(88) Taiwan – Niu Rou Mian Taiwanese Beef Noodle Soup

Welcome back to The Messy Aprons, a place where you can travel by taste buds! Today we are heading to Taiwan to try a fiery dish.

Taipei, once home the tallest building in the world. Source: Architect Newspaper (Francisco Diez/Flickr)

Taiwan is situated in the East China Sea south of Japan and South Korea, East of China. It is slightly larger than Maryland/ half the size of Scotland. Only 3% of the population is native to the region, the vast majority being Chinese. Because of this a lot of their culture is influenced by the Chinese. Taiwan sits in the “ring of fire” which makes it very prone to earthquakes. There is controversy over the current status of Taiwan and depending on who you ask the answer could differ. As far as I know some see Taiwan is independent from China, others say they are a providence of China and also referred to as The Republic of China. Nonetheless Taiwan is a beautiful place with unique buildings, wildlife, and noteworthy cuisine.

Taiwanese cuisine as some may have guessed has heavy Chinese and Japanese influence filled with the savory flavors of soy sauce, sesame oil, cilantro, and chili peppers (to name a few). As most countries do they take advantage of local resources such as seafood which is the primary protein of their diet. Rice often is at the root of the meal. Today I made a spicy noodle soup known as niu rou mian.

The dish has roots in China, however it was brought from China to Taiwan by refugees that fled China after the Chinese Civil War. Prior to this beef was not eaten on the island due to lack of resources and it was once illegal to kill cattle in China. Taiwan even has a saying that roughly translates to β€œdon’t eat beef and dog and prosperity follows; eat beef and dog and hell is inevitable.” 

So back to this dish.. this hearty yet spicy soup has a bone broth base (which was not included in this recipe- this cuts down the cook time) that gets its spice from several ingredients besides the chili bean sauce. Over time ingredients are added to form a savory soup that warms you inside and out. The recipe can be found here.

I did not have the rock sugar (substituted brown sugar) and I couldn’t snag chili bean paste in any of the local stores so I used leftover Thai chili sauce instead. This fast paced recipe over all had no mishaps, prepping ahead of time is always a way to prevent skipping steps as you go. Ian’s mouth was watering the whole time, he is a sucker for ramen-esque foods!

This was spicy enough to be noticeable, however the broth was insanely savory. The beef was nice and tender, but the bok choy should have chopped up finer. Like ramen eating this dish was a little tricky (we are not chop stick savvy) but found a big spoon helped us slurp it all down. We thought the dish was worthy of 8/10 average.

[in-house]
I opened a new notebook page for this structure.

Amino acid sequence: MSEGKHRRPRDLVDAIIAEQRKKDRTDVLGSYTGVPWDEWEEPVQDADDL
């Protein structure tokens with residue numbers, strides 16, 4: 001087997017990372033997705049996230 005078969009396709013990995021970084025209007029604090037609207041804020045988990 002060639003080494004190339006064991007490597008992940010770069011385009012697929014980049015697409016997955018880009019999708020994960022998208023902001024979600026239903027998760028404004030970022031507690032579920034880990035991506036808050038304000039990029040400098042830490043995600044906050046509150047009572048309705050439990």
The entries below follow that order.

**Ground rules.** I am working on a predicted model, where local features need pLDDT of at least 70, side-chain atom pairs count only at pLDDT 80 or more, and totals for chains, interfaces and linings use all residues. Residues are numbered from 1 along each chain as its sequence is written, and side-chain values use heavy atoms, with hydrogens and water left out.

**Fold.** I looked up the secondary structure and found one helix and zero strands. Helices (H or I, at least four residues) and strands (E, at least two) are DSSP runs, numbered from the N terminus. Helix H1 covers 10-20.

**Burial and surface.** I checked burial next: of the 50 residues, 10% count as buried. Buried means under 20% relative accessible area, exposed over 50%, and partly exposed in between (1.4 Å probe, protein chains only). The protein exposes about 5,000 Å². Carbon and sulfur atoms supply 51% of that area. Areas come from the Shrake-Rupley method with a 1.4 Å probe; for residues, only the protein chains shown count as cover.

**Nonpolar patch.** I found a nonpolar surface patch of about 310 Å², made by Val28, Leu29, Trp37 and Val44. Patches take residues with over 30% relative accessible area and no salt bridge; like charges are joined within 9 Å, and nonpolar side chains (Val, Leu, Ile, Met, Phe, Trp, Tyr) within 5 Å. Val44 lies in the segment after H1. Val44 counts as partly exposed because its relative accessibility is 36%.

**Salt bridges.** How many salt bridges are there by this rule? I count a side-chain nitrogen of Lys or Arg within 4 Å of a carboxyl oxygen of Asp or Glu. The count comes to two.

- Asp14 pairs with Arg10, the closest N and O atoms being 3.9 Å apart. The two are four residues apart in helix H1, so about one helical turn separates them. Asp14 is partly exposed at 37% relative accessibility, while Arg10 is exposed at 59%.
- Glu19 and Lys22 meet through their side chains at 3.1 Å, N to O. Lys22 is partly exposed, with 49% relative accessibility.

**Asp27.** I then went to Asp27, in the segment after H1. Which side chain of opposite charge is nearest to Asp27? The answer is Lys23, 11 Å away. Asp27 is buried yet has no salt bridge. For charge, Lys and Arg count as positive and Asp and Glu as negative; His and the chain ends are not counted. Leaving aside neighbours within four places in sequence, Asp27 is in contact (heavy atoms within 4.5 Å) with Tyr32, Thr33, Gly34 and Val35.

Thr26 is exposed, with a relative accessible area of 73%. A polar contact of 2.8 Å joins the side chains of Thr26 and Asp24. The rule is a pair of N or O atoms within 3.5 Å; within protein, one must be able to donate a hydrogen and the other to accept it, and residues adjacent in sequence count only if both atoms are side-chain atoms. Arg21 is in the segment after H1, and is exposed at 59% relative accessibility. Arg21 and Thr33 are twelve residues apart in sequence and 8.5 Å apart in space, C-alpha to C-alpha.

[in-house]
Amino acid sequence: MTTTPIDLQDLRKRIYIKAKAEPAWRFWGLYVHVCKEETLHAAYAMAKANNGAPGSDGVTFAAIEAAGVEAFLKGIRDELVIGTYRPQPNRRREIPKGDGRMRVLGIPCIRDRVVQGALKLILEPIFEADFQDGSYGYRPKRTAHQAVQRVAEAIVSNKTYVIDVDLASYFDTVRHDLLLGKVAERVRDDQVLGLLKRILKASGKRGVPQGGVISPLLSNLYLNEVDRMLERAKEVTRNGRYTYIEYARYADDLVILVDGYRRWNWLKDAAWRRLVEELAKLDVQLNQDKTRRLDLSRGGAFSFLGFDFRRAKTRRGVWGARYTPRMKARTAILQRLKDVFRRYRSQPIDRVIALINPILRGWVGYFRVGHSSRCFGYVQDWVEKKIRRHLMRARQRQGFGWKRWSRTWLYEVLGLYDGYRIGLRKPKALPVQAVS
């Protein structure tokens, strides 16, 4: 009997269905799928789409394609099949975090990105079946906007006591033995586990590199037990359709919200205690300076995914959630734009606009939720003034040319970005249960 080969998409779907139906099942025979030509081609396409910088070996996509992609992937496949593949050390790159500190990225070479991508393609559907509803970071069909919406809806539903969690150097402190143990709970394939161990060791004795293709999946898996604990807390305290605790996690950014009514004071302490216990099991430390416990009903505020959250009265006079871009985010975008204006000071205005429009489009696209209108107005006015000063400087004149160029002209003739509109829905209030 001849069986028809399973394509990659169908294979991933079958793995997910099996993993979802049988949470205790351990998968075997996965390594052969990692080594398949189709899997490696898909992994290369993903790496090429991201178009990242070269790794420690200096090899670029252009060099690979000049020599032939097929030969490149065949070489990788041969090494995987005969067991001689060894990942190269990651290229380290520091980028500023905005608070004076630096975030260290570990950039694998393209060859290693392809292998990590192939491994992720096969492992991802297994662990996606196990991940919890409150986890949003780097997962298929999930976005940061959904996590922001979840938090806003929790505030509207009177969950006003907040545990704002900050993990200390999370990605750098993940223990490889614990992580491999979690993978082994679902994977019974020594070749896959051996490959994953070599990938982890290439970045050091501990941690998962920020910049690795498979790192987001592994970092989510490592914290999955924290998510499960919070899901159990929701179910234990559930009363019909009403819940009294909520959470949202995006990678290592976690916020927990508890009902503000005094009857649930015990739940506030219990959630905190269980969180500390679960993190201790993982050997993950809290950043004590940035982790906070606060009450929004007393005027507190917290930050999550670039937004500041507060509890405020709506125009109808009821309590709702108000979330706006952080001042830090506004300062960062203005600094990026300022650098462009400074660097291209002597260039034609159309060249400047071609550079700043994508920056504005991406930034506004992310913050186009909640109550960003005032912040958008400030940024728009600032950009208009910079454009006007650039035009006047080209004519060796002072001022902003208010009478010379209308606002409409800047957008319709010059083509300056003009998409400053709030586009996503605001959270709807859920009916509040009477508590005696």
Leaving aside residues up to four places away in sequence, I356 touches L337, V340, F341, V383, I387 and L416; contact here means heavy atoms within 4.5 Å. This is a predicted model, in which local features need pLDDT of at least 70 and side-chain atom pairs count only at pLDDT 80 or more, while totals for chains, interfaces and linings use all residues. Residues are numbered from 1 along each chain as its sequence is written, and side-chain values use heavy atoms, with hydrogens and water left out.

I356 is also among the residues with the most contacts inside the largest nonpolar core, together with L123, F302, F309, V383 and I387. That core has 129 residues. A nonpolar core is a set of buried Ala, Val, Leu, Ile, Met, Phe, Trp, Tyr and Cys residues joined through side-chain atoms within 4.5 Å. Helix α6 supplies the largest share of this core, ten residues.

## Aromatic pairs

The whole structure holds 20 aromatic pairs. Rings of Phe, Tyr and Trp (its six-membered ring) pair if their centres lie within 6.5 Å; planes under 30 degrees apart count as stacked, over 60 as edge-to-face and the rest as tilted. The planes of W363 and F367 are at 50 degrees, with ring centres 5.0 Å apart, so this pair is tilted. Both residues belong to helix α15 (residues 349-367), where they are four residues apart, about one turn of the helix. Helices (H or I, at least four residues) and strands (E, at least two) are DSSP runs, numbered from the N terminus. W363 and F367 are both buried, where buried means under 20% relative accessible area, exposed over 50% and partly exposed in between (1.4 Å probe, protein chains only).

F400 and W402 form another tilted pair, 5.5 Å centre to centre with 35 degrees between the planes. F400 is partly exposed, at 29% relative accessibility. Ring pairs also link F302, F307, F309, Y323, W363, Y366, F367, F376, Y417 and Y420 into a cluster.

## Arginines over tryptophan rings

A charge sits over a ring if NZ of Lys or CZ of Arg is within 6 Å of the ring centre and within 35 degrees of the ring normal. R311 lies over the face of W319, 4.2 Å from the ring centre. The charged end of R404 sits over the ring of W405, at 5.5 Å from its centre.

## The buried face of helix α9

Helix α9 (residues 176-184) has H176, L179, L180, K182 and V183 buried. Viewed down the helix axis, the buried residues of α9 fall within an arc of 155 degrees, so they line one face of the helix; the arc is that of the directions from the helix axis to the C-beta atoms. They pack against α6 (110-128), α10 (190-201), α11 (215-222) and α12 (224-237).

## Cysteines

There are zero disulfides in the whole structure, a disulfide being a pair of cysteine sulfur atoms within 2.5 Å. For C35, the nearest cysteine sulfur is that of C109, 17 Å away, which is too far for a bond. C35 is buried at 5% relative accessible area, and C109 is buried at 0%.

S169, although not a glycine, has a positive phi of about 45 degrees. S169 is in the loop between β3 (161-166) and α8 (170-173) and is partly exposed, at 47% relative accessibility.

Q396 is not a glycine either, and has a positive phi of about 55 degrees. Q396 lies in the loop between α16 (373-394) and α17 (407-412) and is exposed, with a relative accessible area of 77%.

(24) Libya – Mahshee/Mahshi

Welcome back! Today we are in Libya, a North African country known for its desert terrain and oil production. Due to most of the country being made up of this barren landscape they must import the majority of their food. Part of the Sahara desert can be found in this country, the Libyan portion is known for being the harshest and driest; so dry that decades could pass without rain.

Rock arch of Tadrart Acacus. Source: Morad Momo on Pinterest

That description of Libya might have you wondering “what good can come from such a place?” Well let me introduce you to their take on the stuffed bell pepper (mahshee)! I love that this recipe comes from someone who grew up eating this passed down in their family. Although stuffed peppers are not truly unique to this country, the flavors that are packed inside are very traditional.

Mahshee or mahshi are stuffed peppers or squash that originates back in the Ottoman empire. It is popular in the Middle East and each representation maybe very unique to the region it has been made in. That is true for Libya as well, you will find in this recipe several spices and herbs to bring a fresh new perspective on the stuffed pepper.

We absolutely loved this dish! Super easy to make (a little time consuming) and full of flavor! We loved the mild heat of the dish along with flavor that packed a punch! If you are looking to spice up your stuffed pepper this is the meal for you. I was able to share this meal among friends and they all agreed it was a keeper! We rated this dish 8/10 and it creeps up into our list favorites.

To end our week we will land in Sri Lanka to try another authentic dish. We hope you are enjoying our taste bud travels.. until next time!